Congratulations on your NAACP nomination for Best New Outstanding Artist and your two Grammy nominations. So, obviously people think you make good music. What do you want people to know about your music?
I don’t’ know. I don’t’ know. The question normally people ask is what do you want to be remembered for. I want to be remembered for not leading anybody astray. If I can leave with that legacy - on top of anything, on top of the music and everything else - then that’s cool.
Recently, there was an incident in which radio host Don Imus called the Rutgers’ women’s basketball team “nappy-headed hos.” Some argue that his comment is a mirror of what is already said in rap music. What is your response to that?
Well, the nappy-headed part, no because I haven’t really heard any hip-hop records which said nappy-headed—ever, so I don’t believe that. The hoes part—yes, they say hoes a lot in hip-hop. They said hoes a lot in the ‘70’s. It was pimps and hoes when there wasn’t any hip-hop. It’s always a way to fight against it.
People try to always point a finger at hip-hop, but hip-hop is just a reflection of society. I had my quandaries and battles with hip-hop and my complaints, but you can’t just single out hip-hop. I think what they are actually doing is making hip-hop more popular. You’re going to make that music more popular because when you point the finger, people rebel, and it makes them do what they are doing even stronger. It gives them more motivation to do it. We’ll see. I don’t know.
On your single “Daydreamin’’”, Neo-Soul Artist Jill Scott sings the hook. What other people or type of music influence yours besides rap music?
Yes, a lot of people. A lot of obscure people, like techno music, people like Johnny Cash, just regular mainstream like Nas. So there’s a lot of different influences and a lot of different people and lot different genres of music.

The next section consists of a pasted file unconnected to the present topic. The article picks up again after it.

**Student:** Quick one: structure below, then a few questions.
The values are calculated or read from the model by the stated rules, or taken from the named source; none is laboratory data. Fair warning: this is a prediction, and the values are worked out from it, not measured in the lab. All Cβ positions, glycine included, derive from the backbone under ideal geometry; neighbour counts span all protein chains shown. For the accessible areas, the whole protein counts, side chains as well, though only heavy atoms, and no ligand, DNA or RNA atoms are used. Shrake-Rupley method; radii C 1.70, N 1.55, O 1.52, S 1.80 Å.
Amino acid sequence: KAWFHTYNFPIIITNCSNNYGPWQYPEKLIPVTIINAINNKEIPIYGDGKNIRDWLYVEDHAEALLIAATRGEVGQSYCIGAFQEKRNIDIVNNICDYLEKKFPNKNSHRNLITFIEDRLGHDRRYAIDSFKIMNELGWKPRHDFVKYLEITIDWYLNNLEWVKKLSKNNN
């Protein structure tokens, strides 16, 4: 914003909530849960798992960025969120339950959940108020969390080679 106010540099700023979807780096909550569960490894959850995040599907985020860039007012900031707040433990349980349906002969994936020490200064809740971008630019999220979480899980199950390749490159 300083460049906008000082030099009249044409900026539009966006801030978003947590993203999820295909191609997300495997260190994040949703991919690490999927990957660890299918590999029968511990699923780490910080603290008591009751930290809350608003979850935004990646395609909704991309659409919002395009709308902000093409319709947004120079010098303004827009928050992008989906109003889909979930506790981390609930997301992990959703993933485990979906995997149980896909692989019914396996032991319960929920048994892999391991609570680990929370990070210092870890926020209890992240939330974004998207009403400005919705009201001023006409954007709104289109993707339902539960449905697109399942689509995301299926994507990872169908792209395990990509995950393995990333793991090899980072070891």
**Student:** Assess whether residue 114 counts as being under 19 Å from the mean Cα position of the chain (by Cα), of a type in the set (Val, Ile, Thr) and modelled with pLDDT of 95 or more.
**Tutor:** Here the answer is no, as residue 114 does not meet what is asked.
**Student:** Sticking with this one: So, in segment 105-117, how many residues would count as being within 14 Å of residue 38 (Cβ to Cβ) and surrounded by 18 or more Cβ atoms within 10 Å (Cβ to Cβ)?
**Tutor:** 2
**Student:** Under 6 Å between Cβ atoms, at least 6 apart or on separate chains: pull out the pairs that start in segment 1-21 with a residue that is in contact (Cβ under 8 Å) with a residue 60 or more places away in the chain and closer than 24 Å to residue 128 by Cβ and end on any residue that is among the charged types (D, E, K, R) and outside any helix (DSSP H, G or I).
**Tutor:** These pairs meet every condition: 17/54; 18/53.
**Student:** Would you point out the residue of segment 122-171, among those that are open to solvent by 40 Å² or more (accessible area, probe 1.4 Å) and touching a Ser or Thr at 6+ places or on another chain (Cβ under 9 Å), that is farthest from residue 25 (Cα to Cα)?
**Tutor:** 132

Your album is called “Food and Liquor.” Food is the good. Liquor is the bad. You once said you try to balance out both sides of you. Explain to me what you mean.
Everybody is capable certain amounts of good and certain amounts of evil. I think that’s human nature to walk on both sides of the fence to have that base contradictory within. I think that’s part of being human to make that. I guess, we walk that line of what sins we are going to do and what sins we are not going to do—what we’re going to shone and what we are going to accept and it’s just that. I’m not a goody-two shoes and I don’t put myself out there to be like I’m a goody-two shoes and super-conscience, super-positive dude because it’s not like that. Everybody has their dark side.
When you retire you said you want to step out on a positive note. This kind of goes back to what you said before. What are you doing or plan to do to make that happen?
Two more albums that I am going to really put my heart and soul into. And just fall back into the business aspect of it. Just try to make the best music that I can. Along as it has a solution. Everything I do has to have a purpose, not just make something just to make it. I don’t know we’ll see. We’ll see when we get there.